As the UK entered lockdown for the third time in the autumn of 2020, live events were very much ‘on hold’. However, whilst we had to continue to be patient at home, other parts of the world were already opening up and beginning the journey back to normal life, including the UAE, where Noble Events has had a branch office since 2015.
Dubai, although cautious and still following stringent government guidance, was permitting events to take place in the second half of 2020, and after a frustrating few months in the summer, event enquiries started to come in thick and fast.
The quiet period in the UK gave several of our team the opportunity to support their colleagues in Dubai, initially through event planning and liaison from home, and then in November and December, they were able to travel out to Dubai to deliver their events in person.
Emma and Lydia took some time to share the insights from their experiences in Dubai – and make a bid to return as soon as they can!
What are Dubai events like at the moment?
For one, they are happening! Which is great news. Venues and suppliers are dying to get back involved which has led to shorter lead times and a constant flow of back-to-back briefs. As with the UK market, clients are always looking for the “wow factor”, but generally with less time to make it happen.
Health and safety is a big challenge, from ever-changing border regulations to the need for budgets to include Covid testing and quarantine days, depending on location.
Also, virtual site inspections are now the main way to view the venues, making it much harder to get a feel for the environment and to effectively plan the event flow and customer journey. However, this does mean that we are not at a disadvantage when planning events from the UK.
What are the five things you’ve learnt about organising events in the Middle East from home?
1. You lose all track of time
Planning Dubai-based events meant shifting our working days to Sunday to Thursday to align with the UAE working week. On top of that there was the time difference – which was 3 hours to start with but thanks to daylight savings turned into 4 hours from October! Getting up early is not unusual when you work in events but taking meetings at 5am and then figuring out when your lunch break is a little more difficult, particularly when friends and family are all on UK time! Ironically, the fact that we were all working from home and connected via Teams actually made this easier.
2. Everything is on WhatsApp!
Just when you thought your work emails were enough, welcome to Dubai, where everything is done over WhatsApp. Its the quickest and easiest way to get in touch with any client, supplier or colleague, and even restaurants for dinner bookings. It seems completely informal at first to those from the UK, but once you get used to immediate WhatsApp responses from clients, waiting for emails to come in when you’re back in the UK feels like the slowest way to work.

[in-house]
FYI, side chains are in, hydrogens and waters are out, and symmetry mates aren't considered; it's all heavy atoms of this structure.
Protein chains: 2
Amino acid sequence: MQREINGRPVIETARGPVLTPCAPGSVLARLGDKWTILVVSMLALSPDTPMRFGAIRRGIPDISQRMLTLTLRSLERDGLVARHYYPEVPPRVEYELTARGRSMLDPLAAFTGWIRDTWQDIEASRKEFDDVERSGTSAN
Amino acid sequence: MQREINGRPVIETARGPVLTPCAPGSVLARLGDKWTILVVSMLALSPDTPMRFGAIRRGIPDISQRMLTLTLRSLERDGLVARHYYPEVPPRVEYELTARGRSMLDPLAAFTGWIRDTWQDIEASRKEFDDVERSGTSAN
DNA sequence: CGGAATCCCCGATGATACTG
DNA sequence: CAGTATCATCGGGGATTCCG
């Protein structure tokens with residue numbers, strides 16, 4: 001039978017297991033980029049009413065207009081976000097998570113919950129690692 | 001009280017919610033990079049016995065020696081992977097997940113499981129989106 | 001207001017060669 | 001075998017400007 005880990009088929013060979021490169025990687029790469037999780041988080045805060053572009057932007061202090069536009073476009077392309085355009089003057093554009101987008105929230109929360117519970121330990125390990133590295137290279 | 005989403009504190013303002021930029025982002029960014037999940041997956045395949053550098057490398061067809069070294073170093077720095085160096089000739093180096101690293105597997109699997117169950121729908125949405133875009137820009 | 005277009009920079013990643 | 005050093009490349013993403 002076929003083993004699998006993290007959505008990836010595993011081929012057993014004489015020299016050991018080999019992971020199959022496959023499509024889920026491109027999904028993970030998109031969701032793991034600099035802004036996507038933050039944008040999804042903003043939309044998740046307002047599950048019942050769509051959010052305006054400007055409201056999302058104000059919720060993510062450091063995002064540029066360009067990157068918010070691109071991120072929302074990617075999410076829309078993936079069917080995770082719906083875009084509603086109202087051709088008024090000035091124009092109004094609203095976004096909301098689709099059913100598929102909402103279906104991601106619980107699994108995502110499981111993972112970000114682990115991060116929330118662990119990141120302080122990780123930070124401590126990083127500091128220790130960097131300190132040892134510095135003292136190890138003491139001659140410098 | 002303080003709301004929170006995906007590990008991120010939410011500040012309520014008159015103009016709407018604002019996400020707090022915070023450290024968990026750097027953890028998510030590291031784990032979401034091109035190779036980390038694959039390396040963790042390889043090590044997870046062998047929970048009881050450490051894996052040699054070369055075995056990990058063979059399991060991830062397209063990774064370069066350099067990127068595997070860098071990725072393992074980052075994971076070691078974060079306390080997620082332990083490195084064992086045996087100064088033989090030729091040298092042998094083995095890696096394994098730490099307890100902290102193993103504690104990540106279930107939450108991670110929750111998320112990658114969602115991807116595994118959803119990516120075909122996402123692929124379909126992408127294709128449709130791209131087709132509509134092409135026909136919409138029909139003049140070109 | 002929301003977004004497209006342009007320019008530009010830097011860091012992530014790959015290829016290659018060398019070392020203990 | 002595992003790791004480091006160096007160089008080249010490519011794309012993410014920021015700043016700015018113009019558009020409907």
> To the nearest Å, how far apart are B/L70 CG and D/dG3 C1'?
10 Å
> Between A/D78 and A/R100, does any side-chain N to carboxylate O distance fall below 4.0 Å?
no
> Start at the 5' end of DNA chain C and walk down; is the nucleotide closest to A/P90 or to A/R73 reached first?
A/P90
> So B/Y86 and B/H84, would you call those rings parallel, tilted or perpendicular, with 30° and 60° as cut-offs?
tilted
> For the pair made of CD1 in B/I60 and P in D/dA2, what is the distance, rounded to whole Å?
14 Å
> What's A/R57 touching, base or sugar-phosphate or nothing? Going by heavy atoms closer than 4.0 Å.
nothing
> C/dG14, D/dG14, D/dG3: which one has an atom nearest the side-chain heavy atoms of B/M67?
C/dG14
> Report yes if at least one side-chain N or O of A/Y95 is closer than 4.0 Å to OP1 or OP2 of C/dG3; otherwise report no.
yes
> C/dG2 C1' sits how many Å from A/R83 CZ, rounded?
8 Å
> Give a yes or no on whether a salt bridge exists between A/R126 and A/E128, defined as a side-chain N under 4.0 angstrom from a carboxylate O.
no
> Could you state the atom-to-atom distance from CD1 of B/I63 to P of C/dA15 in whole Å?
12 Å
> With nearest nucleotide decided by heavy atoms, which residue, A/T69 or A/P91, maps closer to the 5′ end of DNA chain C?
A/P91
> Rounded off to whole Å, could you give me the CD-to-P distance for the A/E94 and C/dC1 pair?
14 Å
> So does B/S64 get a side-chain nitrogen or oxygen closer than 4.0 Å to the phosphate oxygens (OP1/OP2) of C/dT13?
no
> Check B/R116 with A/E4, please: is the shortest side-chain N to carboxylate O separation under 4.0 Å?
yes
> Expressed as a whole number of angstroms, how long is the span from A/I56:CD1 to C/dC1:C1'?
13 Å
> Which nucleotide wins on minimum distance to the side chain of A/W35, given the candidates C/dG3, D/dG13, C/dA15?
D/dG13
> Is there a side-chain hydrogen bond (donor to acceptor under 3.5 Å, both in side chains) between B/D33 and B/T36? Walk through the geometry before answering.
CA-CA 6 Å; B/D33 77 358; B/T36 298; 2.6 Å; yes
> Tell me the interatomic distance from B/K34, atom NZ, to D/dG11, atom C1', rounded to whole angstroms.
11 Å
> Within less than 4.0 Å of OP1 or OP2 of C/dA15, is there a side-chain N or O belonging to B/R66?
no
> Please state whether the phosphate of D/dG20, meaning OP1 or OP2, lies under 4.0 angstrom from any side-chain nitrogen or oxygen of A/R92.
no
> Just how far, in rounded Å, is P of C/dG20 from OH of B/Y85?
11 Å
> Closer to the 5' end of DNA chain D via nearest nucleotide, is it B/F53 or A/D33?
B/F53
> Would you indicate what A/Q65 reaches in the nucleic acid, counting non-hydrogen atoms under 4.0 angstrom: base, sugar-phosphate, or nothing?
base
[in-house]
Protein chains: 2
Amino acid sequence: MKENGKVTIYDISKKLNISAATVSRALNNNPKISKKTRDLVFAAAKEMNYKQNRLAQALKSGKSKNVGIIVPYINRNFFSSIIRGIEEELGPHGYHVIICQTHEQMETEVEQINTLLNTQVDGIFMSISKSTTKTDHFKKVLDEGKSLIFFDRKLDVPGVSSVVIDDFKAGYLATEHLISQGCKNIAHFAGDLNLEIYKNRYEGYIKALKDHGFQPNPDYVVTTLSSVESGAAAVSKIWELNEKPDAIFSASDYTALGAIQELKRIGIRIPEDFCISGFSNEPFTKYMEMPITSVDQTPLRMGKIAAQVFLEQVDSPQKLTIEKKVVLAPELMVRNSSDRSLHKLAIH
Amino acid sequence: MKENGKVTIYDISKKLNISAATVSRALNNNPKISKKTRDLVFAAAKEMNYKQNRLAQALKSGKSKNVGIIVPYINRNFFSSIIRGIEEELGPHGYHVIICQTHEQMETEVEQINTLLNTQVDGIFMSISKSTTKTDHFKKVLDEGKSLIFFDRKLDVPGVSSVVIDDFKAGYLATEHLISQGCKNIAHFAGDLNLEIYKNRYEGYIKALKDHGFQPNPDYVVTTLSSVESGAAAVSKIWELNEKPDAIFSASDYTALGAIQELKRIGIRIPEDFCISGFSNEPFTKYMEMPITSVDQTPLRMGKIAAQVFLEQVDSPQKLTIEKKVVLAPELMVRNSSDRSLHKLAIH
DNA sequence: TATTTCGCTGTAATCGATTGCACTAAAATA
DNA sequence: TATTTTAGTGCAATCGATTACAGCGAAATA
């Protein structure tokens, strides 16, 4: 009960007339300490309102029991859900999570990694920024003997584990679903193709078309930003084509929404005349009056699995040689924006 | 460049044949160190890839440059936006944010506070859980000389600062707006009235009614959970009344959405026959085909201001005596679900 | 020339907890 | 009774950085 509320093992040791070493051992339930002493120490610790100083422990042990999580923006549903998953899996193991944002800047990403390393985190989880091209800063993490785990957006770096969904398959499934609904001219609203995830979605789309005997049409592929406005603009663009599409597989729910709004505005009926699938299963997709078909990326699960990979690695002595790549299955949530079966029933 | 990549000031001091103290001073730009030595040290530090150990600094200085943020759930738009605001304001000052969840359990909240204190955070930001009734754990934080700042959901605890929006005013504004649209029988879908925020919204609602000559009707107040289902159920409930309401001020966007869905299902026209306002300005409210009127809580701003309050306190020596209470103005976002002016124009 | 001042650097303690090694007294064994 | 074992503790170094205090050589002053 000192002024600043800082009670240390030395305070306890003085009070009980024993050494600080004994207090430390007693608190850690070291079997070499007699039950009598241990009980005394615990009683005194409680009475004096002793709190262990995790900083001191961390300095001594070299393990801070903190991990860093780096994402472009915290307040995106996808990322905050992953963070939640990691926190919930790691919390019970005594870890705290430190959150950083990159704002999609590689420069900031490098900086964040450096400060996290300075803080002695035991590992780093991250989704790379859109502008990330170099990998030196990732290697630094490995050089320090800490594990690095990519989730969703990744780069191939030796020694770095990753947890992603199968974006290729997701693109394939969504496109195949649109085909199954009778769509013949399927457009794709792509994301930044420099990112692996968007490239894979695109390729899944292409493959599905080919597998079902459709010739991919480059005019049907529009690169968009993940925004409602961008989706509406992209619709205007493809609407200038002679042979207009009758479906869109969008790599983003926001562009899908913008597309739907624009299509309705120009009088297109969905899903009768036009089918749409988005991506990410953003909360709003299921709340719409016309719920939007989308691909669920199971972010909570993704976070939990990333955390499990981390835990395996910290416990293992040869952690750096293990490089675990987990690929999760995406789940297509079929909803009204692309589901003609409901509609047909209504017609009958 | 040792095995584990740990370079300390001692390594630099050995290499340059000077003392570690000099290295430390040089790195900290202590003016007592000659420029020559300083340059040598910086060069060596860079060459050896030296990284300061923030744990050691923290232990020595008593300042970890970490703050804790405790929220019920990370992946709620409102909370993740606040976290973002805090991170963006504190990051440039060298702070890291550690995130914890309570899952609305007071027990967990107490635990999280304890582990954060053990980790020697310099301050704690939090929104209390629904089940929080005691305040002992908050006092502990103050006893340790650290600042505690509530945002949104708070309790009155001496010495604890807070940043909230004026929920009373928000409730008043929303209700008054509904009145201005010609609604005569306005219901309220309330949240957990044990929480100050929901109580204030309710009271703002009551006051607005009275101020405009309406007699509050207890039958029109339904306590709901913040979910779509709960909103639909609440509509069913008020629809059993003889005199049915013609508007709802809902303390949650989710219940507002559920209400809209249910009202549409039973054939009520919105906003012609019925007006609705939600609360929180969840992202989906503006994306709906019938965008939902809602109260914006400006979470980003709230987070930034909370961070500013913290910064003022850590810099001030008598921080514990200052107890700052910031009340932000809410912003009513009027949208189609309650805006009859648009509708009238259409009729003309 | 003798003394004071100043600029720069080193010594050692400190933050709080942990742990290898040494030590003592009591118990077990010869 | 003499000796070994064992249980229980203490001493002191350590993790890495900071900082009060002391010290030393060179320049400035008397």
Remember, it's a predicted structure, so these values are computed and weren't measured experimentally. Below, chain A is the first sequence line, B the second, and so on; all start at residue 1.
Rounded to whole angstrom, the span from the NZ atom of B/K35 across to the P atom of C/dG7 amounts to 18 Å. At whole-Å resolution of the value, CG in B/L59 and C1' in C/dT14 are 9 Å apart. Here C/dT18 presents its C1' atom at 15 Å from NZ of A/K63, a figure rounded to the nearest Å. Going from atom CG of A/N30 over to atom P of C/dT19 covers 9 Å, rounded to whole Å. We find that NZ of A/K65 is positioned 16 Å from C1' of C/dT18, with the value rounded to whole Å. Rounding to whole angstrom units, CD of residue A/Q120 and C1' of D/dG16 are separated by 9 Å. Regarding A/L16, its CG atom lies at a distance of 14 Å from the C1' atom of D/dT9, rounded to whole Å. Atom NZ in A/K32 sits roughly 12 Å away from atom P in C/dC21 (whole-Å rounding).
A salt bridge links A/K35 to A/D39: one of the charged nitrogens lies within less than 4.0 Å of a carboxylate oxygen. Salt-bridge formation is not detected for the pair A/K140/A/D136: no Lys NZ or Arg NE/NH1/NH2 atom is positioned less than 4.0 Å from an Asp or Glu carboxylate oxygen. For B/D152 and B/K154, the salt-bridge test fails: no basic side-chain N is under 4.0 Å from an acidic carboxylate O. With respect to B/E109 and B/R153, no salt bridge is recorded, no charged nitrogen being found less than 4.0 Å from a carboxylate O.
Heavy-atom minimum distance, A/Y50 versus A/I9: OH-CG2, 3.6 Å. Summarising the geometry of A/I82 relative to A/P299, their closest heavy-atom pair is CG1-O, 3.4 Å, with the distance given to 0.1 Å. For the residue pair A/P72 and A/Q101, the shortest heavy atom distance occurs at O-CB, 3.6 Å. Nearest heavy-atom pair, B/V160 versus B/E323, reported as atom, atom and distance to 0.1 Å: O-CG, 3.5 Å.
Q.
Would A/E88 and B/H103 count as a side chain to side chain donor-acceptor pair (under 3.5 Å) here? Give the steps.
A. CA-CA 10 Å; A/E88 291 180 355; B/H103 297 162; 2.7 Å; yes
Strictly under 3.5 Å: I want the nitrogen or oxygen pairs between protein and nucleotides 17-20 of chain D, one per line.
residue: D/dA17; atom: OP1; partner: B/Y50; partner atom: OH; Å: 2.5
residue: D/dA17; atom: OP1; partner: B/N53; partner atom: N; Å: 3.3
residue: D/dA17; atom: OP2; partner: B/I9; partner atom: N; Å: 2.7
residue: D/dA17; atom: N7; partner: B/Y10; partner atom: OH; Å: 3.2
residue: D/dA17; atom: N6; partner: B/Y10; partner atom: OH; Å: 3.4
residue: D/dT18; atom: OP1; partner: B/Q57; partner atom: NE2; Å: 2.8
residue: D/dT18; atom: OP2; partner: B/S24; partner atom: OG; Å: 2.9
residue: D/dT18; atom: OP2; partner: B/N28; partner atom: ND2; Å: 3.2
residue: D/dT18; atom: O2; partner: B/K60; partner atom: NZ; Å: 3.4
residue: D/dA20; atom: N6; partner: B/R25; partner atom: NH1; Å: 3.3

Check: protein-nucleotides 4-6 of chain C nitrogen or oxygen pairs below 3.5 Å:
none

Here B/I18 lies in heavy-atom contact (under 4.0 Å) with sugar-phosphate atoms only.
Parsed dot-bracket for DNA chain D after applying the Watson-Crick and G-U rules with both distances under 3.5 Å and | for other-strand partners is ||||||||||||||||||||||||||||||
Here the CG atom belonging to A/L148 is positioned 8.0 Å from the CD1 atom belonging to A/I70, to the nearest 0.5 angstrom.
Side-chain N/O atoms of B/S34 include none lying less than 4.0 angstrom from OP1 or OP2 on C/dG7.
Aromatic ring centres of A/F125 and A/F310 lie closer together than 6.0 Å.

3. There is life after lockdown
Flying out in the middle of lockdown 2.0 was a strange experience. Never before have I moved through passport control and airport security so quickly, only to find myself sitting in terminal 3 with all the duty free shops closed “due to Covid”. But when you get to the other side, and look past the face masks and hand sanitisers, it’s as though Covid-19 never happened. The new handshake is a fist bump and until refreshments come out you only see half of someone’s face, but it is surprising how quickly you get used to it. You get back to your apartment and wander around, updating your flatmate about your day, only to realise you have still been wearing your facemask the entire time.
4. We are One Team
Having worked at Noble Events for just over a year, I had had very little interaction with the Dubai team before Covid. But the lockdown enabled the company to evolve to what we refer to as the One Team approach, allowing us to take advantage of everyone’s skills, experience, relationships and capacity, no matter where they were based. It’s not until you are working on projects with the other half of the team that you realise that, despite the 7000km distance, a lot of what we do is very familiar. You still need that one person on the team who knows all suppliers like the back of her hand. And you still have a colleague who will give you a lift when you don’t have a car, even if it is through dunes.
5. Once you get there, you won’t want to leave
We’ve been back in the UK for a couple of months now, but still working on events in the UAE, and we’re all hoping travel restrictions are lifted soon so that as many of us as possible can go back to Dubai and get involved with the spectacular events we deliver there. The UK will never look the same when you’ve been spending your days between luxury hotels and the Arabian desert!